Okay, looks like what we've got here is your basic coming-of-age shonen martial arts story centered on a hero who's ignorant of his true past and the full-extent of his skills. Not much different from Naruto at heart, though Jin doesn't possess as much hyperkinetic impulsiveness as the fox-faced boy. Fukaki's art is generally serviceable — particularly in the fight scenes — but I regularly found myself getting distracted by his characters' cauliflower ears, of all things, which are too often penned with more detail than they need to be. I also didn't accept the book's occasional slapstick moments as readily as I do the ones in Naruto, perhaps because the artist didn't draw 'em with enough cartoony flair.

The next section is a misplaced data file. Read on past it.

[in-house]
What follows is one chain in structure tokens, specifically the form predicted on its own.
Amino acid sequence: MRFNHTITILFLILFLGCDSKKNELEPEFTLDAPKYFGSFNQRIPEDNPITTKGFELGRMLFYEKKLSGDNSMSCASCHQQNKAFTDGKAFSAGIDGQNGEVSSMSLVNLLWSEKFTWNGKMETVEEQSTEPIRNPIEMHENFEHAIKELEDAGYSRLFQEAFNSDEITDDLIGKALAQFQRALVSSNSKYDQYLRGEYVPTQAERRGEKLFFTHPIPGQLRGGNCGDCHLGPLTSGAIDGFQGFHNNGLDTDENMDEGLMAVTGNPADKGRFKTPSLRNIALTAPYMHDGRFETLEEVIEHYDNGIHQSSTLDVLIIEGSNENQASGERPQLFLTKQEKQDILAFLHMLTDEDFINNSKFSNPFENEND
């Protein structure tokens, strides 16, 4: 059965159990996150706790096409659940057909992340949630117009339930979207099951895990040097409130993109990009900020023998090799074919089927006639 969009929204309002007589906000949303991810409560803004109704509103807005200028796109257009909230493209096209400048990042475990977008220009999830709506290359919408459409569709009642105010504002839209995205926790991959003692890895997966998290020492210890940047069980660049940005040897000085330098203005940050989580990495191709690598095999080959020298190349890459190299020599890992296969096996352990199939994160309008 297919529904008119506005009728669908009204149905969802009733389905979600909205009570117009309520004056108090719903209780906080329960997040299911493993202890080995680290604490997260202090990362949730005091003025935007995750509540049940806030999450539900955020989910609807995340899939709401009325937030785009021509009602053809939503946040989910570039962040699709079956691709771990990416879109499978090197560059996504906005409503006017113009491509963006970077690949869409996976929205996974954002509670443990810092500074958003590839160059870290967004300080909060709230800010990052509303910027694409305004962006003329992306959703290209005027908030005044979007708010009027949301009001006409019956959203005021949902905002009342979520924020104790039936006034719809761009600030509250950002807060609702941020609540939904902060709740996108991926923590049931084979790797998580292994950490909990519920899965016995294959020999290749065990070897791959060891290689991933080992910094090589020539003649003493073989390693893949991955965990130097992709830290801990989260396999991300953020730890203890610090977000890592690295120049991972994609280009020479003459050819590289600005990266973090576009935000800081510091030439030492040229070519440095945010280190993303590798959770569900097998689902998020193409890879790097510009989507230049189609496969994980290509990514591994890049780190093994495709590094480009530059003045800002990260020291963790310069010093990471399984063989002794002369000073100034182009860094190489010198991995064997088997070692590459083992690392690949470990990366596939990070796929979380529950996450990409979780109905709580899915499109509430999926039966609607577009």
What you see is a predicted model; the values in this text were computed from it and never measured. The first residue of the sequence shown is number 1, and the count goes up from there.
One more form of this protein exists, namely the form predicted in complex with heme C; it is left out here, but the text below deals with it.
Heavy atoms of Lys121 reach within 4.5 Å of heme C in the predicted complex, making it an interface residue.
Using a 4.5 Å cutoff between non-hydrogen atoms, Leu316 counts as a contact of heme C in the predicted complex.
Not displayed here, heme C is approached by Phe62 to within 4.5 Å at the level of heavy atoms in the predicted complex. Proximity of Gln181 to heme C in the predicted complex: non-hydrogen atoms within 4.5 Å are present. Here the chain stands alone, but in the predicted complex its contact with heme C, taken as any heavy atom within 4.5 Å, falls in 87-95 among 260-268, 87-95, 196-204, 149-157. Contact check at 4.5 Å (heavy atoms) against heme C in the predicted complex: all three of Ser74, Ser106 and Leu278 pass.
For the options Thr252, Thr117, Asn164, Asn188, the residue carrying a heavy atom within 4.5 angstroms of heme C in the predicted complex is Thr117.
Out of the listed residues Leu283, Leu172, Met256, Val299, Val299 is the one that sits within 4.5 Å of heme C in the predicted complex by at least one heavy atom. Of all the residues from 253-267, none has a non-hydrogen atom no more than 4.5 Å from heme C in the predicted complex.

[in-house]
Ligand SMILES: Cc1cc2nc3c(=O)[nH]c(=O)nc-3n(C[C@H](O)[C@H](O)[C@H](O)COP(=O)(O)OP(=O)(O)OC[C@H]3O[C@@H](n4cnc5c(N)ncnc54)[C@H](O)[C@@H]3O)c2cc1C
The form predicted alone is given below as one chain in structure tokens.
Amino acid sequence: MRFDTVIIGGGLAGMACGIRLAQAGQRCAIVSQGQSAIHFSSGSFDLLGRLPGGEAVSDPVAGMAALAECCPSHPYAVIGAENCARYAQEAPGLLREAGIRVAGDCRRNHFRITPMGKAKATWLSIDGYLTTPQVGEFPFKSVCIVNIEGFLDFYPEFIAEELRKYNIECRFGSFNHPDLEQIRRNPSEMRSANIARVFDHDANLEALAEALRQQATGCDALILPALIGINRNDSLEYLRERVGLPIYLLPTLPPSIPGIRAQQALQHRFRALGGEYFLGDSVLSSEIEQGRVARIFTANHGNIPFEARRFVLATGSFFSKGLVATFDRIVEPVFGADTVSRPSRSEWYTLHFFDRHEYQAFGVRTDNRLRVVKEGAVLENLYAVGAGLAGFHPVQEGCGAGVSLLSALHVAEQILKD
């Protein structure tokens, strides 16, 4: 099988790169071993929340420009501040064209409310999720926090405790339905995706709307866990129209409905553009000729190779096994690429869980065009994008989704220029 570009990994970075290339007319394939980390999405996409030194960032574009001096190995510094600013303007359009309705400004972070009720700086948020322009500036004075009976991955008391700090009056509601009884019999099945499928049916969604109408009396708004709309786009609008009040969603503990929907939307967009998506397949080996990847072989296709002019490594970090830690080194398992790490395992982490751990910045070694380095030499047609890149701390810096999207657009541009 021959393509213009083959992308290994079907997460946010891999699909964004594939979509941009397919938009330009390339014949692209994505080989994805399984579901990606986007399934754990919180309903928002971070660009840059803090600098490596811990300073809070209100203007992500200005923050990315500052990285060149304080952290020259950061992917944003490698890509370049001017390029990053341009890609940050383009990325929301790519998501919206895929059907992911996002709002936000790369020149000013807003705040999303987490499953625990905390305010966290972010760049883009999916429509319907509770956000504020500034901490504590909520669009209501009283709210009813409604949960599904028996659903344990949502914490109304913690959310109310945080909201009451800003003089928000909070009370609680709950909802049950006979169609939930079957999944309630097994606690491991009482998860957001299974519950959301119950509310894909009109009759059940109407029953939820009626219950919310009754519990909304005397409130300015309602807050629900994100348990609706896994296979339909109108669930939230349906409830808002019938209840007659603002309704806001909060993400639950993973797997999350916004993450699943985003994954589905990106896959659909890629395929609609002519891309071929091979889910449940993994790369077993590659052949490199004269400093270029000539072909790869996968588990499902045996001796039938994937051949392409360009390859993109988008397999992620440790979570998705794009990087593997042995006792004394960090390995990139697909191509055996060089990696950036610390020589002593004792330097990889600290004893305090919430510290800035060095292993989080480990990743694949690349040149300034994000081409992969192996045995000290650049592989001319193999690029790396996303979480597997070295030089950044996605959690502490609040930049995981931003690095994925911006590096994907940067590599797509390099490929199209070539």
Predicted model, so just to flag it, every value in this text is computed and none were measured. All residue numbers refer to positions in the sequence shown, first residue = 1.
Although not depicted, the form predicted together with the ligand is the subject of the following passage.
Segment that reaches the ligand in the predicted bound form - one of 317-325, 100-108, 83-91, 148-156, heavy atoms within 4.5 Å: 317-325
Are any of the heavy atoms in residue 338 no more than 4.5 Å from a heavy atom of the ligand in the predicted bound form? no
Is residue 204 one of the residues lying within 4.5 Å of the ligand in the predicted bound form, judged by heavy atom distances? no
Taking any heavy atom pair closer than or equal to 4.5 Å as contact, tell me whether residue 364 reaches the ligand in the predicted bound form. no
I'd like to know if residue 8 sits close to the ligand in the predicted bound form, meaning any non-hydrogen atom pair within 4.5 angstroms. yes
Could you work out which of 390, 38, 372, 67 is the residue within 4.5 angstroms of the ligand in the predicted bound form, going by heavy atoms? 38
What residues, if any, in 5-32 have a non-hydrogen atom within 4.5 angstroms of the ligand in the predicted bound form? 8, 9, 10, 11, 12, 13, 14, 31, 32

As shonen manga goes, Battle of Genryu doesn't try to cover any new ground, though I suspect it will have its followers much as many second tier American superhero comics also have their own devoted fans. If your idea of a good action sequence features characters pontificating between well-placed kicks about the reason and philosophy behind each individually titled move, you'll probably have fun with this fast-paced formulaic series.